Posts Tagged ‘Turkey’

US Nuclear Bombs Assigned to Turkish Air Force

July 19, 2016

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Christopher Lee

20 July 2016, London

Forty American nuclear warheads have been assigned to the Turkish Air Force in the event of a nuclear conflict.

Those warheads are already in Turkey today, 20 July 2016.

There are 90 US primary thermonuclear bombs based in Turkey at Incirlik.

The weapons are part of an American nuclear deployment of approximately 200 nuclear bombs in what is called the US Enduring Stockpile retained after the end of the cold war between the West and the USSR in the late 1990s.

The bomb is called the B61.  It has a maximum yield of up to 340 kilotons according to the US Department of Defense and US Department of Energy.

The latest version is called the bunker buster and was once assumed to be a weapon that could be made available to Israel in an offensive against Iranian nuclear weapon manufacturing.

One of the B61 pilot’s targets from Europe would be the Russian wartime bunker beneath 1000 feet of granite at Kosvinsky Kamen in the northern Urals.

The reason for the B61 bombs in Turkey is part of a rarely discussed NATO plan. During a past NATO heads of government meeting it was agreed that under a scheme called Nato Nuclear Sharing Policy, 180 B61 bombs would be deployed in five countries in Europe: Belgium, Germany, the Netherlands, Italy and Turkey.

Ninety B61 bombs were sent to Turkey and stored at Incirlik with an agreement that in time of war that moved towards “nuclear release” 40 of the bombs would be given to the Turkish Air Force.

This single arrangement demonstrates that Turkey is a major military member of the North Atlantic Treaty Organisation.

Turkey joined NATO in 1952 just three years after the Alliance was formed on 4 April 1949. It has held a senior position at the table of equals ever since.

During the Cuban Missile Crisis in 1962, President John F Kennedy agreed to remove US Jupiter ballistic missiles from Turkey in return for Russia’s climb down from the event that took the world close to nuclear war that year.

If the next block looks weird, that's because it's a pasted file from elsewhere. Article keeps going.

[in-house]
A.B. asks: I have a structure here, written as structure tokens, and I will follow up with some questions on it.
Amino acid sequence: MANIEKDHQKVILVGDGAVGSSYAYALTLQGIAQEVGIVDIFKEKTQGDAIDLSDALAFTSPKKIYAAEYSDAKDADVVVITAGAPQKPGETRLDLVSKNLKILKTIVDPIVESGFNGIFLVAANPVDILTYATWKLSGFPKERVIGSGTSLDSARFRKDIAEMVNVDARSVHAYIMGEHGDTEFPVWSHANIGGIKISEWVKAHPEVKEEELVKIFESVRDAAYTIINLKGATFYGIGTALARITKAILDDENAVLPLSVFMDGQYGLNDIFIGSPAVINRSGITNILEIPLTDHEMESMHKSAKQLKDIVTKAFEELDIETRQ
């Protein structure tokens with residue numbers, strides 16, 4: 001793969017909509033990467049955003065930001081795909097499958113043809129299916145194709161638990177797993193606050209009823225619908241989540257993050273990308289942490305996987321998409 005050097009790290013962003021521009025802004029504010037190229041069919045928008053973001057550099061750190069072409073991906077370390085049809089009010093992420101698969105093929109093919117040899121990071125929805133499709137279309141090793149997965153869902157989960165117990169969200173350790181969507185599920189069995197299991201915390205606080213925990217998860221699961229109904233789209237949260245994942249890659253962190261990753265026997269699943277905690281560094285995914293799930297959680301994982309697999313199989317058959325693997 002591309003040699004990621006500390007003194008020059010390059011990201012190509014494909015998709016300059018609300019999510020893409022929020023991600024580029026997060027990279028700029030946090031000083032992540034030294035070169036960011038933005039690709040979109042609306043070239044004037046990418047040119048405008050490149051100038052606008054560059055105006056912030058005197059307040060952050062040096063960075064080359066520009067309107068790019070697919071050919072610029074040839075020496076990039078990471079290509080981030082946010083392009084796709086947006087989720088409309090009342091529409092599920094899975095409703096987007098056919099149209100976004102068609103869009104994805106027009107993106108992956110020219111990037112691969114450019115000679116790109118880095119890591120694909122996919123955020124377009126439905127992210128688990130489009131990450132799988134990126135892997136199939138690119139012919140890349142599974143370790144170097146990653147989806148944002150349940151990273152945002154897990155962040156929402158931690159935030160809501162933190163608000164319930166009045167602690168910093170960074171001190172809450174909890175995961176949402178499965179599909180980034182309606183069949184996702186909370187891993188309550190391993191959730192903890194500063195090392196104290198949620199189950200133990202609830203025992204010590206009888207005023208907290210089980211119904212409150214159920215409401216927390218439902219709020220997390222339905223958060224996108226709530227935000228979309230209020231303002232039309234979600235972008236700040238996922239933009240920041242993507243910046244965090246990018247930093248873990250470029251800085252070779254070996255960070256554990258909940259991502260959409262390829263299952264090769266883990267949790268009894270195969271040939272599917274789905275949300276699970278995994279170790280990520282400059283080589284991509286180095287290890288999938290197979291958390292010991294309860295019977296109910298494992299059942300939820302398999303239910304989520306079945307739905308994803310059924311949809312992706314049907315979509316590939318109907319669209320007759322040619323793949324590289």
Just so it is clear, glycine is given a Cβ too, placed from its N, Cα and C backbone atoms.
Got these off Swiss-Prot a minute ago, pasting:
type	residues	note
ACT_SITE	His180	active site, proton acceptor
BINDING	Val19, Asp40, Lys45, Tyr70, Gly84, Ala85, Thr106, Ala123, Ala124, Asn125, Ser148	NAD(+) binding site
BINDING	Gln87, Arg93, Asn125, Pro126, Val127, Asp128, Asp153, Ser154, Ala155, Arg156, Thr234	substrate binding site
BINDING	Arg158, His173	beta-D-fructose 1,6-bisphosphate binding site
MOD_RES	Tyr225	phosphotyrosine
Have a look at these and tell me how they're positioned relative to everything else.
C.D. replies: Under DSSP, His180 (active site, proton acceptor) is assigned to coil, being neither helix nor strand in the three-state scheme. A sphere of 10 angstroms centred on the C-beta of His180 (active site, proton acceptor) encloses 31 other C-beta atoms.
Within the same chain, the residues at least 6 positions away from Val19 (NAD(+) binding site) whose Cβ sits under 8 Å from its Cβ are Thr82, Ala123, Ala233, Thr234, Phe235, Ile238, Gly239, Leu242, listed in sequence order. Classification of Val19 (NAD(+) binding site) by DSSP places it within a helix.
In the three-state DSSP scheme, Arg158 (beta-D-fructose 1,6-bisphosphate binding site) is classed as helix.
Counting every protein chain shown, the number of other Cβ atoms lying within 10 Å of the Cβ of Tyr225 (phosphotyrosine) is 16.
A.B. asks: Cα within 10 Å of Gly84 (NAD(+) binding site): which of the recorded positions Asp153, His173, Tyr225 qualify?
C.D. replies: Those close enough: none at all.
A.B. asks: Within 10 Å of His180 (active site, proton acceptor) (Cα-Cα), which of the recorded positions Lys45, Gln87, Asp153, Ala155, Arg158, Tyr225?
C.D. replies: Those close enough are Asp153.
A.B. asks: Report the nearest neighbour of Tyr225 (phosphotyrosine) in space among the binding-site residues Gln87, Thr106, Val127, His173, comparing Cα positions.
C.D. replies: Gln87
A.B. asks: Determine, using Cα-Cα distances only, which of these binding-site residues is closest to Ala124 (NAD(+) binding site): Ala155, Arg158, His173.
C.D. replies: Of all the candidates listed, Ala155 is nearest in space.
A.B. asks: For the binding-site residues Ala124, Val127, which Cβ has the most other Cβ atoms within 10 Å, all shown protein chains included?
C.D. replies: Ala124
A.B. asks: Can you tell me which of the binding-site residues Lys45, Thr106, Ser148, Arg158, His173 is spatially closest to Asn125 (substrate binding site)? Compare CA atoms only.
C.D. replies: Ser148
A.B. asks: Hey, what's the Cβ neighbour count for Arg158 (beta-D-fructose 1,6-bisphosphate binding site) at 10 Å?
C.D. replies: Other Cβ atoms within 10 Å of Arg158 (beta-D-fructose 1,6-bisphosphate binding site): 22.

Today, NATO commands do not downplay the importance of Turkey that maintains the second biggest standing army (after the US) in the Alliance – around 640,000.  Turkey keeps its 8,000-troop high readiness 3rd Armour Corps entirely assigned to NATO. The Alliance Land Command HQ is at Izmir along with major NATO training centres and some 300 Turkish officers are in NATO commands.

Turkey may be the only Muslim state in NATO and may be more Asian to some than European but the country and its leadership however described is in no way fringe NATO – anyone who floats the idea of kicking out Turkey better read the list of its membership credentials, starting with the B61

 

 

 

 

 

 

Turkey: Now the clampdown. Just what Erdogan wanted

July 16, 2016

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Christopher Lee

16 July 2016, New York. A group of Turkish soldiers attempted to take over Turkey during the past 24 hours. Close on 200 people have been killed.  Others may die of their wounds. More than 1,500 plotters have been arrested.

Doctors in Freedom from Torture were warning of something like this earlier this year. There has been every sign of military rebellion and every indication of the consequence.

Some have suggested that the coup was controlled by government to allow it to sweep the country for other plotters in order to legitimise a new harsh line on political opponents.

The glorious triumph of the President’s return certainly gives an impression that the whole affair was stage managed.  Interesting that unarmed civilian government supporters against armed troops and it was all over in hours.

The severity of President Recep Tayyip Erdogan’s clampdown is so predictable that some might even think the military played into his hands – or worse.

However, what few understand is the military would claim it their legislated duty to stage a take over.